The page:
The fair is sensory overload at its most friendly and inviting. Colors are everywhere, food is everywhere, music is everywhere, smells are everywhere, new experiences and old favorites are everywhere, and people, lots of people, are everywhere.  Quick aside: Favorite new experience : the Giant Sing Along venue http://www.youtube.com/watch?v=SvfBtA8Ks54&feature=colike. Favorite tried-and-true experience: the Creative Arts Building. http://www.youtube.com/watch?v=ficIIAbuGOw&feature=colike

My absolute favorite aspect of the fair is the music. You can buy tickets to the Grandstand acts, of course, but anyone at the fair has access to all the free music venues throughout the grounds all day long. These are professional musicians, often they are performers who are nationally known, eg: Riders In The Sky and Tonic Sol Fa. (Fair story about RITS: Our son was in high school, and had his wisdom teeth removed the day before he went to the fair with his buddies. I told him that he might not enjoy his day because eating would be a hassle. He went anyway. When he came home he immediately asked for pain medication. I started the “I told you so” routine when he interrupted, saying, “No, Mom! It wasn’t the food! It was “Riders In The Sky.” Their songs were so funny that I couldn’t stop laughing. That’s why my mouth is sore!”) I usually purchase a CD from my favorite musical group at the fair. This, of course, enlarges my eclectic collection of CD’s, which I enjoy all year long.

The fair is such a huge experience, both in the size of the grounds and in the range of activities, that a single visit may not permit an individual to come away with an accurate impression. With this in mind, I am going to try to write my thoughts on the fair in a few blog entries. This will be helpful in a couple of ways: 1. perhaps I will be able to figure out why the fair has such a special place in my heart, and 2., as long as I  write about the fair, it isn’t really over, is it?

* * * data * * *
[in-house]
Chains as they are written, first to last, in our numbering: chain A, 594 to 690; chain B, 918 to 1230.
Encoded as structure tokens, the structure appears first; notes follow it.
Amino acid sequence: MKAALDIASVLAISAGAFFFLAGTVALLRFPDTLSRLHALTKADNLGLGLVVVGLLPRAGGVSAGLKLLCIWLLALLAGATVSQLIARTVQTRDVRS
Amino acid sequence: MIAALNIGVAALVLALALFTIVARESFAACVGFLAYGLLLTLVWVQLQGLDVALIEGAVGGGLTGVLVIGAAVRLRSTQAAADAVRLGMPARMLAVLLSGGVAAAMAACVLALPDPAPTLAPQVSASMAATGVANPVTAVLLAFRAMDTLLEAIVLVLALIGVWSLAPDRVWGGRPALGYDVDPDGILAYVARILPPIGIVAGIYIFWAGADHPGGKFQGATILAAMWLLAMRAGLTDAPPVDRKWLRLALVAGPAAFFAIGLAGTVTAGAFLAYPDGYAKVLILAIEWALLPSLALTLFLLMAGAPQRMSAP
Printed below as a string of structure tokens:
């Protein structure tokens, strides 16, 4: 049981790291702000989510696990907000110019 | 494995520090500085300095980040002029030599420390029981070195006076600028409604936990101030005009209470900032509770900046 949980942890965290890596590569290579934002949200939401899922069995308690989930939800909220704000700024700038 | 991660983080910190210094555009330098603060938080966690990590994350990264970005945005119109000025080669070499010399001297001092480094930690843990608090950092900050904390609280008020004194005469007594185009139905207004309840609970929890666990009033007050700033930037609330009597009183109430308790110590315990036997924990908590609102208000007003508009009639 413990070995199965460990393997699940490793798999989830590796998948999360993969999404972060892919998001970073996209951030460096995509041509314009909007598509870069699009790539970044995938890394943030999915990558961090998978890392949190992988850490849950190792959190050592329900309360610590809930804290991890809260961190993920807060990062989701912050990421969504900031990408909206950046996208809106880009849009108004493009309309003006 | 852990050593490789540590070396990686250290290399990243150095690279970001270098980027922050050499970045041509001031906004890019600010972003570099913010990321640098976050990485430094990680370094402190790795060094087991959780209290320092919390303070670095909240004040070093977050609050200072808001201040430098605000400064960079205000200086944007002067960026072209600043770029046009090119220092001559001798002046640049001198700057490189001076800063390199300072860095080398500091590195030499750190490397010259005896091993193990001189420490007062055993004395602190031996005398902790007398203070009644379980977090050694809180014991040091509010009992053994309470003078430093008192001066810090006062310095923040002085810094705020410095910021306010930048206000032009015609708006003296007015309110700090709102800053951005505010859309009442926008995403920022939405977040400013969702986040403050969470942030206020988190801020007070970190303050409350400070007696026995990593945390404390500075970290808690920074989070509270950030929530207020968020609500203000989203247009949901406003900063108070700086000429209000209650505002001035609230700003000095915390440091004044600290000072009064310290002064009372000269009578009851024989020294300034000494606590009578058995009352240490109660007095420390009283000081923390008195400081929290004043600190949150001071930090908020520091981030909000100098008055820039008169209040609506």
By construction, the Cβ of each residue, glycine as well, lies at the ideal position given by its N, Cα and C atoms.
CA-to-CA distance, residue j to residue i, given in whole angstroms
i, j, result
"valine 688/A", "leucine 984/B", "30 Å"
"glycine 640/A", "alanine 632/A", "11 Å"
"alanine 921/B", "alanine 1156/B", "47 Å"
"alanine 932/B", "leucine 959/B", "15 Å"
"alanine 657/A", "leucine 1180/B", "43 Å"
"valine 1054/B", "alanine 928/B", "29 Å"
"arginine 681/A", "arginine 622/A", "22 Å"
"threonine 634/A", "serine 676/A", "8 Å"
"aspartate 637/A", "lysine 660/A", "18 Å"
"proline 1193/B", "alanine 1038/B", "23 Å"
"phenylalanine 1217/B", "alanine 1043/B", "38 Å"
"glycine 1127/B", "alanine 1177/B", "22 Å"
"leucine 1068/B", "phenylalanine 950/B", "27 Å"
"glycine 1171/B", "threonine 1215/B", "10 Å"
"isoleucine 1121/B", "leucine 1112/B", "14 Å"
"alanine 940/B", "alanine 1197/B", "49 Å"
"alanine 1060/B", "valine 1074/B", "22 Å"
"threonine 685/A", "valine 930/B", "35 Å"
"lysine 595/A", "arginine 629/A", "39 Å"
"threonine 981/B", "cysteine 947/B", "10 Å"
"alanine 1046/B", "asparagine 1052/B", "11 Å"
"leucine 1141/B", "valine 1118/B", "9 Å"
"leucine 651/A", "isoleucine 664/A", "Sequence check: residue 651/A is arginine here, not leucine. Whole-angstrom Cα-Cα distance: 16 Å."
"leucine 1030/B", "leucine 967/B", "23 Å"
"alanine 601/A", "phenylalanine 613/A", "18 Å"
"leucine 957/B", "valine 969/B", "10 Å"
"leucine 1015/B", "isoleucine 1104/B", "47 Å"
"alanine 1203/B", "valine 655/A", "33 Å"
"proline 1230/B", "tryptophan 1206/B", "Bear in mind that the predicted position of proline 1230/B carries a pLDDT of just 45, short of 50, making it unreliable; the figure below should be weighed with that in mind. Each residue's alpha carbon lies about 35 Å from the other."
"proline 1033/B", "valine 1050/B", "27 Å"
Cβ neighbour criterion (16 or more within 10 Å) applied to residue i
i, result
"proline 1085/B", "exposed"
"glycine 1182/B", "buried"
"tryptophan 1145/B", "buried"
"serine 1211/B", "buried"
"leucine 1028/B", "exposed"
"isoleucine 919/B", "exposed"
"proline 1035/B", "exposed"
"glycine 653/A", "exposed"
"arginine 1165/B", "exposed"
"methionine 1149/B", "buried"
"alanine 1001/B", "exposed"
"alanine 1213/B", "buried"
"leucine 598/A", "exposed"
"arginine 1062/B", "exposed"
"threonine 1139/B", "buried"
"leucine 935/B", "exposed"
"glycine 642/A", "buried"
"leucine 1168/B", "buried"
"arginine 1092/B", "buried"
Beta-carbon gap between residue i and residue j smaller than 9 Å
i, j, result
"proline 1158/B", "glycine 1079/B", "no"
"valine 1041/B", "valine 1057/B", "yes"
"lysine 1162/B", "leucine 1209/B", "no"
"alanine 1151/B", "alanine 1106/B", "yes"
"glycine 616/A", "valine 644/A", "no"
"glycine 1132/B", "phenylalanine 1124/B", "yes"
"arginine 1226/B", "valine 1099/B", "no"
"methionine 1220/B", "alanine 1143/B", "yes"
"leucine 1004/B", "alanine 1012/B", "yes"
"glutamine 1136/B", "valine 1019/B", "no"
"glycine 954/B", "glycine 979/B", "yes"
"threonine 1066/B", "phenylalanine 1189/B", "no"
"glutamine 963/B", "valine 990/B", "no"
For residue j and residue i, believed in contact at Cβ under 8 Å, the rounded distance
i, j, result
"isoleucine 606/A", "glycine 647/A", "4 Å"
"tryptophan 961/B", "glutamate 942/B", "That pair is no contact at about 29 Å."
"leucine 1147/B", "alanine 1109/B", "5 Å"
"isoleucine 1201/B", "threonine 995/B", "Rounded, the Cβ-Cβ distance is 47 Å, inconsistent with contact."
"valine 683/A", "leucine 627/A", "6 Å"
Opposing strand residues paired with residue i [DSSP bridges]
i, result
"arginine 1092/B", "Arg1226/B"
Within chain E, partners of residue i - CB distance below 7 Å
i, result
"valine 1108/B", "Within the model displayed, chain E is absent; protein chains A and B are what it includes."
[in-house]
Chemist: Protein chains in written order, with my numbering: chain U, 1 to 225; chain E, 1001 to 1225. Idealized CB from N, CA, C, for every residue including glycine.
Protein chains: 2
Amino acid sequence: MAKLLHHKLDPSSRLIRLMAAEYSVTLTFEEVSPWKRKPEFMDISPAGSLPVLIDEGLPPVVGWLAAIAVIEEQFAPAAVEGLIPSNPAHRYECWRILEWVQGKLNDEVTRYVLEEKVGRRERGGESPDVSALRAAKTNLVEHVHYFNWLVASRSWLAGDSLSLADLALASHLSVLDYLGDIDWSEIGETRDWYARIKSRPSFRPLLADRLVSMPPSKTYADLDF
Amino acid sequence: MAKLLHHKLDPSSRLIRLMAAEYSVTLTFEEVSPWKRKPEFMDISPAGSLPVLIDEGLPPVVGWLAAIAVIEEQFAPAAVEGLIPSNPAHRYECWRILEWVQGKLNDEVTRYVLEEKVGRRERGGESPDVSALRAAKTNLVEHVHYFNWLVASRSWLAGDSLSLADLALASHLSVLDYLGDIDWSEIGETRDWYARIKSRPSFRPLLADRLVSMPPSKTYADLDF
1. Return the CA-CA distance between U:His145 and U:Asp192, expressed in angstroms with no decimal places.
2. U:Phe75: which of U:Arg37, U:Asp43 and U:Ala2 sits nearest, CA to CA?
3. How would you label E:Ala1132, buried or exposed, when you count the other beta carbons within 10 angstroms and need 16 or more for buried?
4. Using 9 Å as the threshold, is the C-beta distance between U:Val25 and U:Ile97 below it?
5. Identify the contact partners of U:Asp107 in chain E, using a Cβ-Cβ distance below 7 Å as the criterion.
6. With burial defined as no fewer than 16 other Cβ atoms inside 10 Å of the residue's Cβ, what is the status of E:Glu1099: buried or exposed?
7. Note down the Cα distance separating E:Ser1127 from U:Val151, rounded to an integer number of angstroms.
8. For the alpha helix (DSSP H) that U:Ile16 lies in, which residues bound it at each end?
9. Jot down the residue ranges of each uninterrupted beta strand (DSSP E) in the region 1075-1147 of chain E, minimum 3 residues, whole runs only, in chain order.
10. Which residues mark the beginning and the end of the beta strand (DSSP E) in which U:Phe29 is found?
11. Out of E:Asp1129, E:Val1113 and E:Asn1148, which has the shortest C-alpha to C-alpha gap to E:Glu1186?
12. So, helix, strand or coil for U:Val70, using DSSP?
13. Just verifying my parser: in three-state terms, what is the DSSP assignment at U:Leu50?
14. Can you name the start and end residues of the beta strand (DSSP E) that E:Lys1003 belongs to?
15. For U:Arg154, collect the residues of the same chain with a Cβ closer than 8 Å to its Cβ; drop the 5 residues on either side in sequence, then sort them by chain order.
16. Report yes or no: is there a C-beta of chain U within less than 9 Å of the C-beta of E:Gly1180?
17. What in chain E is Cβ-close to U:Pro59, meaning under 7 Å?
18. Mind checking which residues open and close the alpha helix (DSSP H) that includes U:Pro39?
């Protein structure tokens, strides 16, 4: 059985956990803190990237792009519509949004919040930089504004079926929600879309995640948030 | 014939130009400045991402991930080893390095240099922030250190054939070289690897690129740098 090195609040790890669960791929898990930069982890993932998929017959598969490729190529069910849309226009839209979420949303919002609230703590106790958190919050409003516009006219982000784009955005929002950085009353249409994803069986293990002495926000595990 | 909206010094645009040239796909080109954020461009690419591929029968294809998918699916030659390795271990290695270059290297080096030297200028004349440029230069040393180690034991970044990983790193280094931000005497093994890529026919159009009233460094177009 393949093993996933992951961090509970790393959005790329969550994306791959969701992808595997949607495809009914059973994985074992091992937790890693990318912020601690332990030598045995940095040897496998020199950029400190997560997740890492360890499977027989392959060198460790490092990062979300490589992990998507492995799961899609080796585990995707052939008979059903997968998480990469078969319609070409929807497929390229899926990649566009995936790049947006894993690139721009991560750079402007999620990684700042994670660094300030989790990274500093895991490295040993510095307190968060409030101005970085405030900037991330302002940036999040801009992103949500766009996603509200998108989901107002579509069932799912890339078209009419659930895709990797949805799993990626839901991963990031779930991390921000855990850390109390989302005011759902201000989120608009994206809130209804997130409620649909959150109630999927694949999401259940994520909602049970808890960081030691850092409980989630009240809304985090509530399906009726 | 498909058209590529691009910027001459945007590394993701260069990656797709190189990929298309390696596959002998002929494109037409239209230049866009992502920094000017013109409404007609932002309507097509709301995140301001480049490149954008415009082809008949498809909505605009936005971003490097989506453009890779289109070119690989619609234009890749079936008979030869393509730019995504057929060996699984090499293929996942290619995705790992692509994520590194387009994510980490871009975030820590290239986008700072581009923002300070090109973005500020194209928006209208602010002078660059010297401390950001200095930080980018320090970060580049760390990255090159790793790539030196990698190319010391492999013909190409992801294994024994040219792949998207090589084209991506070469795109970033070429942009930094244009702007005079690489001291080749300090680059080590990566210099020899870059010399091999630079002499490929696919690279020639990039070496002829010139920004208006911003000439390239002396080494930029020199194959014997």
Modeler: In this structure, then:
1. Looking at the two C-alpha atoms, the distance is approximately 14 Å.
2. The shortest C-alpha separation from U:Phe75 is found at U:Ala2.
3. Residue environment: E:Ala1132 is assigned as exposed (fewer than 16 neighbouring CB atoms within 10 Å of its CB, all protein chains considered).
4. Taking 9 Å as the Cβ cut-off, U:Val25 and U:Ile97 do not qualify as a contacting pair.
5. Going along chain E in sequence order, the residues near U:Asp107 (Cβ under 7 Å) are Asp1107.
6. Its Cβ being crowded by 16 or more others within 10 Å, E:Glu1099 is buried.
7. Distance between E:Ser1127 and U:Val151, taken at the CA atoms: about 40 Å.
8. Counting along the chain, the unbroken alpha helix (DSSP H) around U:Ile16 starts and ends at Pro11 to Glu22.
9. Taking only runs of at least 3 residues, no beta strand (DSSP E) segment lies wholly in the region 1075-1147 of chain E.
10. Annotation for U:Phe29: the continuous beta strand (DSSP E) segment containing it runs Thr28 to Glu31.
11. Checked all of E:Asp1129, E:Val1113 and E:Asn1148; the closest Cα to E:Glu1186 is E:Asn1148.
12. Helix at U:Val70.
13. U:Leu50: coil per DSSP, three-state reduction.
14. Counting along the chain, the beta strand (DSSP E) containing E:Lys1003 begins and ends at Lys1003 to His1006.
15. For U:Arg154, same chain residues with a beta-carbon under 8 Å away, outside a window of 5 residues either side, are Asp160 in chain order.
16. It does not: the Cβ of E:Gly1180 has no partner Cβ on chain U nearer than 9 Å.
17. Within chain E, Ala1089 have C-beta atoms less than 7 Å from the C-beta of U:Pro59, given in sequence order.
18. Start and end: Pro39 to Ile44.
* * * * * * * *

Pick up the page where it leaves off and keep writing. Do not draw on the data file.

How Pinteresting!

English: Red Pinterest logo

Image via Wikipedia

Have you heard about the image-based (as compared to word-based) social network called Pinterest? It seems to be a hot topic in many conversations these day. I’ve been lurking on Pinterest’s site for several months, Here’s a description of Pinterest that I found on Galleycat that seems to explain it pretty well:  http://www.mediabistro.com/galleycat/:

“Pinterest lets you organize and share all the beautiful things you  find on the web. People use pinboards to plan their weddings, decorate  their homes, and organize their favorite recipes. Best of all, you can browse pinboards created by other people.  Browsing pinboards is a fun way to discover new things and get  inspiration from people who share your interests.” 

A neighbor, who is not yet 30 years old and is a stay-at-home mother of one, posted this on her Facebook status:

“I just joined Pinterest a few days ago, but I love it so much that I’ve been having dreams about finding amazing things on it!  I wake up thinking, “What did I find…oh no…I can’t remember what it was!”

Now that’s powerful – Pinterest has invaded the dream-world of my young friend! I guess it’s no big revelation that the present generation was raised on images more than written words as a form of communication. We should know by now that if you want to connect with the youth of this world,  do it with pictures. Pinterest has definitely used that information to good advantage,  but Pinterest has another hook going for it,in my opinion: they have made the process of participating in their social network fun! It is almost like a game to fill your own pinboard with things from the internet that you want to keep and view again (Pinterest has an application that allows you to ‘pin’ internet images, e.g. the cover of a book you enjoy), or you can re-pin images from other people’s pinboards.There is also a way to comment on the items that are pinned.  And you can follow, a la Twitter, people whose boards you like.

So,if you are ready for a new adventure in social networking that can be both useful and fun, give Pinterest a try.http://pinterest.com/ See you on the boards!